Mass. may get vaccine registry

According to the U.S. Centers for Disease Control and Prevention, Massachusetts may soon institute a statewide registry to track who gets vaccinated.
State lawmakers previously faced opposition from insurers because the proposed plan would assess a fee on health insurance plans to raise the estimated $1 to $2 million a year needed to run a registry. Now that insurers have dropped the opposition, supporters have ratcheted up their lobbying for the state's financial support, the Boston Globe reports.
Physicians say that the need for a registry is especially helpful for lower-income families who may not have reliable access to routine medical care. The large number of shots required before children enter school can make it difficult for pediatricians and parents to keep track.
“Let’s say you’ve got a 10-month-old with three of one vaccine, two of another, one which can only be given until eight months of age, and others that can’t be given until 12 months - this is a crazy, exacting, three-dimensional jigsaw puzzle," Dr. Sean Palfrey, a professor of pediatrics and public health at Boston University School of Medicine, said, according to the Boston Globe. "We still don't always know when a child has gotten a flu shot."
An online centralized vaccine tracking system may be able to transcend the confusion, especially during a disease outbreak, like the cluster of measles cases reported earlier this year in Massachusetts.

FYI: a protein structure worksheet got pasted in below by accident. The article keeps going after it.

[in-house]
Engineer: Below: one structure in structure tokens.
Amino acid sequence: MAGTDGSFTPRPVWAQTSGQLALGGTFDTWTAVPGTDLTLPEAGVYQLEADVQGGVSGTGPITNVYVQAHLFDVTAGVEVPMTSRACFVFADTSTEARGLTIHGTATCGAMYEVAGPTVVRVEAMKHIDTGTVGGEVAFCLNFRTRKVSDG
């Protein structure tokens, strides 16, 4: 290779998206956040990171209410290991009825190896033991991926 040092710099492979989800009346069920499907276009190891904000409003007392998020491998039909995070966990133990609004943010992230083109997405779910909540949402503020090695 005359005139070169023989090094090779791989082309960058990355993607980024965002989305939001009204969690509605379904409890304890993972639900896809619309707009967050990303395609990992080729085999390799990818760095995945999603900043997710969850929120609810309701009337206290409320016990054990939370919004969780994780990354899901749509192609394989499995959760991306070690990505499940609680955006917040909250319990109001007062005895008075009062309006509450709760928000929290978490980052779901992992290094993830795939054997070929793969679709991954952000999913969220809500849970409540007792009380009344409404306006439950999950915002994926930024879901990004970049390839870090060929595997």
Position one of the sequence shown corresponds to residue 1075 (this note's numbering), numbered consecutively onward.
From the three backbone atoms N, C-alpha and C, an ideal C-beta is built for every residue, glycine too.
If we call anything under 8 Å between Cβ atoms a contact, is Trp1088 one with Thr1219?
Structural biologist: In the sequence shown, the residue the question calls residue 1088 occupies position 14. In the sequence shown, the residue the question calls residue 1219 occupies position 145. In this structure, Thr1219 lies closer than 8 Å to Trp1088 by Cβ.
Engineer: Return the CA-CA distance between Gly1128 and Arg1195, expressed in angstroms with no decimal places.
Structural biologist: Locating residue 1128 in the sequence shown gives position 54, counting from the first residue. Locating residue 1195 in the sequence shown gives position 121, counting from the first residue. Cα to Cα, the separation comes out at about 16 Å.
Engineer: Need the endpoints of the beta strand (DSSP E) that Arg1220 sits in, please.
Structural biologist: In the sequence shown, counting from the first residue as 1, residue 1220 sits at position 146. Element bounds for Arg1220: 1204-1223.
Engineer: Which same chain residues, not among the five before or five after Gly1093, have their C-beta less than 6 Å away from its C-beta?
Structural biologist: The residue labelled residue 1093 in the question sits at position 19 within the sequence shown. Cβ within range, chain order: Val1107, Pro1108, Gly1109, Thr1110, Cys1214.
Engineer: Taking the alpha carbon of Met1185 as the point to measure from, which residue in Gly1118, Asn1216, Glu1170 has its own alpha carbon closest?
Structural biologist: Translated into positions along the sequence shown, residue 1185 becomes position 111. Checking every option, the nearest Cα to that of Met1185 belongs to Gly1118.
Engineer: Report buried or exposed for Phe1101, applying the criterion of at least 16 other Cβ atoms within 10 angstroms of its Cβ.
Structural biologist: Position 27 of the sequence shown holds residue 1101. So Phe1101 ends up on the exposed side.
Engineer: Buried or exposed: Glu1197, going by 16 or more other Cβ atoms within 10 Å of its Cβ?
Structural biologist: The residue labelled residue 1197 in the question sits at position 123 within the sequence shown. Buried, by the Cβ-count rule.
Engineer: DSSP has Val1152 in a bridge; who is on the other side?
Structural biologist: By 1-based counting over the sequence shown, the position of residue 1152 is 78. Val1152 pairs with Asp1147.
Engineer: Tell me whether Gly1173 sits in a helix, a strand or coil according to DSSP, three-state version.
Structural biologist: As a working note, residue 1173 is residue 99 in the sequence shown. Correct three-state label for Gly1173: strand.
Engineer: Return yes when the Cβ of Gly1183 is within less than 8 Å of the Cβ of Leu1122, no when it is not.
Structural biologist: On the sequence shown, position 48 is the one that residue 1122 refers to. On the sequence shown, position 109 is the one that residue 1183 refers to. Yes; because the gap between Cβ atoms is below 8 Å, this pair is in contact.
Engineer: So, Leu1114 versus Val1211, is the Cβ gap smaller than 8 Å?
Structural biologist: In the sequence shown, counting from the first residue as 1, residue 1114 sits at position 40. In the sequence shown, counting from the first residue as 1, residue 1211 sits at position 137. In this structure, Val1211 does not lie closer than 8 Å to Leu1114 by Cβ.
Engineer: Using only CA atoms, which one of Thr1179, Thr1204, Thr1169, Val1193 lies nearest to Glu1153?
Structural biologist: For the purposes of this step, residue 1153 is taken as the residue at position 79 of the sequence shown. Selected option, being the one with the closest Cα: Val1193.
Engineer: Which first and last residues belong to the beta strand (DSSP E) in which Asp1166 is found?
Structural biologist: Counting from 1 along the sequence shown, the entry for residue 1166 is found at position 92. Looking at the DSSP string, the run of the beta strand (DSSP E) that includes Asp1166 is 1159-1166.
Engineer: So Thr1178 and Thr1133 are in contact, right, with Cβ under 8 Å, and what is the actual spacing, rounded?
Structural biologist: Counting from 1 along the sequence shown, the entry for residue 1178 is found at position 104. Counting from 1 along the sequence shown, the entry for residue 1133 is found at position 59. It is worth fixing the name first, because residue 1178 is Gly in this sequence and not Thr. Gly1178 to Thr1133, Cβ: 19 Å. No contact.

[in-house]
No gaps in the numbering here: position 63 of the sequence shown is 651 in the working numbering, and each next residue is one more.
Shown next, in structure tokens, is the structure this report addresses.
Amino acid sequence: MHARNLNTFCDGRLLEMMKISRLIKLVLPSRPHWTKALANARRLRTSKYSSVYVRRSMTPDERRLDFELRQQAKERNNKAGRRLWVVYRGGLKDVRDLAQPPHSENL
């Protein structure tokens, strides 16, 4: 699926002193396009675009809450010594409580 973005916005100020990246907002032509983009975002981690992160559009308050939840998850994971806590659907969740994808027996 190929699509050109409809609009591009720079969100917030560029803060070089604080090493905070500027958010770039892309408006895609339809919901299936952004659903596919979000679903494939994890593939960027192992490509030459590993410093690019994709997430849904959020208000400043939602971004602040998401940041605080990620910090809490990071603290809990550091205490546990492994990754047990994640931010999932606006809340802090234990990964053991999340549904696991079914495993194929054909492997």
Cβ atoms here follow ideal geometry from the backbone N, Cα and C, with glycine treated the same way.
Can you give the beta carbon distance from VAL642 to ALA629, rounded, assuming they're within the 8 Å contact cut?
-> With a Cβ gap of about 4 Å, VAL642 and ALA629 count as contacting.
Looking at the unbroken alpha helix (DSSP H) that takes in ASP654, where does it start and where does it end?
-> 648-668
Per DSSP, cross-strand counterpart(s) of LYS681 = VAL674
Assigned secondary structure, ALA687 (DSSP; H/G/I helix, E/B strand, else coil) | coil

While state lawmakers last year approved legislation to establish a state vaccine registry, it contained no money to operate the system. The Department of Health used federal funds to develop and launch a pilot registry earlier this year. Department spokeswoman Julia Hurley said that the pilot phase is expected to be completed by the end of the year, with a statewide rollout expected in 2012, the Boston Globe reports.
Pending legislation to fund the registry and the purchase of vaccines died in the Senate's Ways and Means committee as legislators waited for an analysis of the impact it would have on insurance costs. The analysis concluded that the assessments and related financial requirements would add between $0.70 and $1.38 to the monthly costs for each insured Massachusetts resident. The legislation, now with some insurance company support, was resubmitted in January.
“(The vaccine registry) is a component of Senator Moore’s aggressive legislative agenda, and identifying a sustainable funding mechanism for the registry remains a personal priority of his," a statement from Senator Richard Moore's office said, the Boston Globe reports.